TOOWOOMBA'S aviation community lost one of its dearest and most innovative members when Terry Kronk's P-51 Mustang replica crashed near Helidon.
It was supposed to be a day of celebration.
The 52-year-old, a successful business and property developer, had just taken off from the Emu Gully airstrip when mechanical failure sent his plane back to the earth about 9.45am on Saturday.
A man in his 30s, on-site for a first aid course, was hospitalised with minor burns and smoke inhalation after trying in vain to save the fallen pilot.
Mr Kronk was on his way to the 100th birthday commemoration of the Toowoomba Aerodrome, where his famous Mustang replica was to be a showpiece.
While the bulk of visitors to the aerodrome were oblivious to the tragedy, the downcast eyes of those who had heard the news told a story of great sadness.
Darling Downs Sport Aircraft Association co-member Glenn Bruggermann was with Mr Kronk just after he decided to build the warbird.
"We had our meeting at Terry's house one day about 12 years ago," Mr Bruggermann explained.
"He took us to his shed and pointed, saying, 'See that engine and that sheet metal over there? That's going to be a Mustang one day.'"
True to his word, the built-from-scratch plane became a favourite among flying enthusiasts on the Darling Downs and further afield.
"He always said that when he went, he was going out flying," Mr Bruggermann said.
Aerotec owner Lynette Zuccoli said a string of recent aircraft tragedies had begun to "numb" the close-knit flying community.
Mrs Zuccoli lost her own husband to a plane crash and, more recently, close friend and David Hack Classic regular Des Porter and his wife Kath when their 1934 Dehavilland Dragon crashed south of Gympie last month.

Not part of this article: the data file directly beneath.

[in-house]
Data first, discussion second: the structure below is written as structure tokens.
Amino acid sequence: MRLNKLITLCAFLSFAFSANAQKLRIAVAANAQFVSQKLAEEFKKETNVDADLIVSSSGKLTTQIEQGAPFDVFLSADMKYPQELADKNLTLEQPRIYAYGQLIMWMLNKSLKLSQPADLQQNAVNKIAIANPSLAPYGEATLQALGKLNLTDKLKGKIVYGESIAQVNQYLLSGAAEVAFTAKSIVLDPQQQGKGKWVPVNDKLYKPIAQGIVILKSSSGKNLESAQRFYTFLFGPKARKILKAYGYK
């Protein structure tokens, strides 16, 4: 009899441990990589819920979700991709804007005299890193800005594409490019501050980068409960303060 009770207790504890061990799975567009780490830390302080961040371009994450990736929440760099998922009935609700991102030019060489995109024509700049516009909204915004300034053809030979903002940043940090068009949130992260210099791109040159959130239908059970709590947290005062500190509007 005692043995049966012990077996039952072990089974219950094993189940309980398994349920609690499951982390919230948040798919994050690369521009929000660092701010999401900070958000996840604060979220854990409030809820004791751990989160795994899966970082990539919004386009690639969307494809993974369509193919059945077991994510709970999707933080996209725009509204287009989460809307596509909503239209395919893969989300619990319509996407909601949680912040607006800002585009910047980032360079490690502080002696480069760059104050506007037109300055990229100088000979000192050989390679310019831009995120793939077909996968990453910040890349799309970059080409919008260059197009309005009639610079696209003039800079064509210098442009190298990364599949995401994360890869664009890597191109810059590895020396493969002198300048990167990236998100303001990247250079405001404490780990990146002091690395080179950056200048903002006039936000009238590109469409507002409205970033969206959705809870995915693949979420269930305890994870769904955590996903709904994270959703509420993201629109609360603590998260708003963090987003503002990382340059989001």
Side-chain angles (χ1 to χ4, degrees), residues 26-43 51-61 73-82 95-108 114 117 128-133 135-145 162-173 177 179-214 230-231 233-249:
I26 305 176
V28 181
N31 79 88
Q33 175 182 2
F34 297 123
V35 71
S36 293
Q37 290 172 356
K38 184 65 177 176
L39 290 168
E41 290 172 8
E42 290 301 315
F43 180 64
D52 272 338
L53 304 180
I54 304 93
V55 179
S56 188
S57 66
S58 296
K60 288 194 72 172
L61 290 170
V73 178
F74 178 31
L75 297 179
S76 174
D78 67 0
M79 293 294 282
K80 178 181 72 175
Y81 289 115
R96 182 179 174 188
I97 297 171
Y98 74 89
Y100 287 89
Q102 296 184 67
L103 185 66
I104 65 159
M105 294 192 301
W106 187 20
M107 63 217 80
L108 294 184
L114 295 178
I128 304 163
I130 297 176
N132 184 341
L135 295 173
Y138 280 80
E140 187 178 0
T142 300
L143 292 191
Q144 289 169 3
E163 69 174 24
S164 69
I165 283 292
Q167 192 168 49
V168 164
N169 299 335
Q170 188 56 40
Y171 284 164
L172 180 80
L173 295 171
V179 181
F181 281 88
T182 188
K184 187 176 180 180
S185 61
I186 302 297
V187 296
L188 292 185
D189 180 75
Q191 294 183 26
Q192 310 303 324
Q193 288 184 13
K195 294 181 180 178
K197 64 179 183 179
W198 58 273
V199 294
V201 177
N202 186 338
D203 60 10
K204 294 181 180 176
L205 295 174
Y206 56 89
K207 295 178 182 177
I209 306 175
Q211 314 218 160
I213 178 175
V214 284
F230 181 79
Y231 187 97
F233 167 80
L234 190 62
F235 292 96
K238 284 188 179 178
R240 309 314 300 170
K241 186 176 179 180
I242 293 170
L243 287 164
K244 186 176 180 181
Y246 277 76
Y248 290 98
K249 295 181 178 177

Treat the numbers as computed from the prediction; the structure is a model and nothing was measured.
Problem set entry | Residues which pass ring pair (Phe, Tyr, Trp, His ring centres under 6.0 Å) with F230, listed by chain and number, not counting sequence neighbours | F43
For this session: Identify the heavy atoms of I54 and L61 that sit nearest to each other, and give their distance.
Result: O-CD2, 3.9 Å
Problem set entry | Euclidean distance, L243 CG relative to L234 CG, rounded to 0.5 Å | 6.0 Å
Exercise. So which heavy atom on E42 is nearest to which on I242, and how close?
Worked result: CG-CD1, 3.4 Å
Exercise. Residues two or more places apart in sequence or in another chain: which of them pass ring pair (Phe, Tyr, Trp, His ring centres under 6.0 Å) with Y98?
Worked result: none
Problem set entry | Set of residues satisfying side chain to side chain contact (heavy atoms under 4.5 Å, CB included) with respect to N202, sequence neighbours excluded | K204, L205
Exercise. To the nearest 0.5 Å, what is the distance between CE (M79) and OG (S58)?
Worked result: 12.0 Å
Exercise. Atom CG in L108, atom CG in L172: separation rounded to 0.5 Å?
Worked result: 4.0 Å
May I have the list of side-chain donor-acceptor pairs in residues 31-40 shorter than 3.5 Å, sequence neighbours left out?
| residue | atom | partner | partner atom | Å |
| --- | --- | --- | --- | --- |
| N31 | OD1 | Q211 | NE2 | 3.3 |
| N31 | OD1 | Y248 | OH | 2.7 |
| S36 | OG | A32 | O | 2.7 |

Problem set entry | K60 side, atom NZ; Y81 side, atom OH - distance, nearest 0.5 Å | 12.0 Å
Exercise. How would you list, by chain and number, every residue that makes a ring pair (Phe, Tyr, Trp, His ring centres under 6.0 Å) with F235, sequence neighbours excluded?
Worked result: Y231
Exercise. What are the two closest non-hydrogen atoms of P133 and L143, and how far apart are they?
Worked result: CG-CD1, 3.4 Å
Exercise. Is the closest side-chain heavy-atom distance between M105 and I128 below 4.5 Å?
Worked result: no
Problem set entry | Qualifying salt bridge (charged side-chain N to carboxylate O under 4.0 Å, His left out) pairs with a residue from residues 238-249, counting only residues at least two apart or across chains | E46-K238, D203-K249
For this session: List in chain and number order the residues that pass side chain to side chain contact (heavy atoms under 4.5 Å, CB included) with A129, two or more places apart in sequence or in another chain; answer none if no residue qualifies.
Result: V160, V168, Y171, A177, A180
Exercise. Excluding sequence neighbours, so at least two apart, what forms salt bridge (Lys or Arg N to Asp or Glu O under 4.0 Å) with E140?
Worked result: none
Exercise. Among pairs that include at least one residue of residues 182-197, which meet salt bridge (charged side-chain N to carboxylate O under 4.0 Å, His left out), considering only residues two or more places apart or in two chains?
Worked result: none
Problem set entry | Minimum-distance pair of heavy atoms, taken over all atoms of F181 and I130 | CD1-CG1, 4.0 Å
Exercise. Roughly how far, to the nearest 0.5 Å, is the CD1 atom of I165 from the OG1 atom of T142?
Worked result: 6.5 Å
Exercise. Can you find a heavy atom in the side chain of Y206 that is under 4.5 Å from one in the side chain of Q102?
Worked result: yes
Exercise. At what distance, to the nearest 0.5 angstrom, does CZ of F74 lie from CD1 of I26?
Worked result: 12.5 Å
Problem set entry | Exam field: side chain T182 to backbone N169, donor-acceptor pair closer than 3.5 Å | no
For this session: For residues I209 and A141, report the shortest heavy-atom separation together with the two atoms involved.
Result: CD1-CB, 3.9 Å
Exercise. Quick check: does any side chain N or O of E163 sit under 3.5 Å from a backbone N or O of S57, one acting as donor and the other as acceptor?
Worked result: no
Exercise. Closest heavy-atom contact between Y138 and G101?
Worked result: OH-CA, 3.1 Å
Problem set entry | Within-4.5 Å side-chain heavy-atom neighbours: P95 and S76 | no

There were tears in her eyes as she remembered this latest victim of the skies whom she had known for more than 20 years.
"He was in here just yesterday - he called in to see how everything was going," she said.
"Terry was a genius when it came to building aircraft and he loved his work.
"He could build an aircraft just by visualising it, drawing up the plans and putting it all together.
"I believe it was a mechanical issue, so there was nothing he could do.
"He was an excellent pilot."
Mrs Zuccoli said her friend was an innovator who was looked up to as a leader in aviation circles.
"The world needs people like Terry who take risks and do things out of the ordinary," she said.
"They show us that things can be done differently."
Mr Kronk had a lifelong fascination with flying, buying his first ultra-light at age 21 for a sum of $1200 in partnership with his brother.
Once he started, he never looked back.
His scale-replica P-51 Mustang, Focke Wulf 190 and Spitfire planes were renowned for the workmanship that went into their construction.
Aerotec's chief engineer Wayne Milburn saw Mr Kronk on Friday.
He was in a cheerful mood, looking forward to this morning's centenary celebrations.
"He supported nearly every event held in aviation, not just here but all over Australia," Mr Milburn said.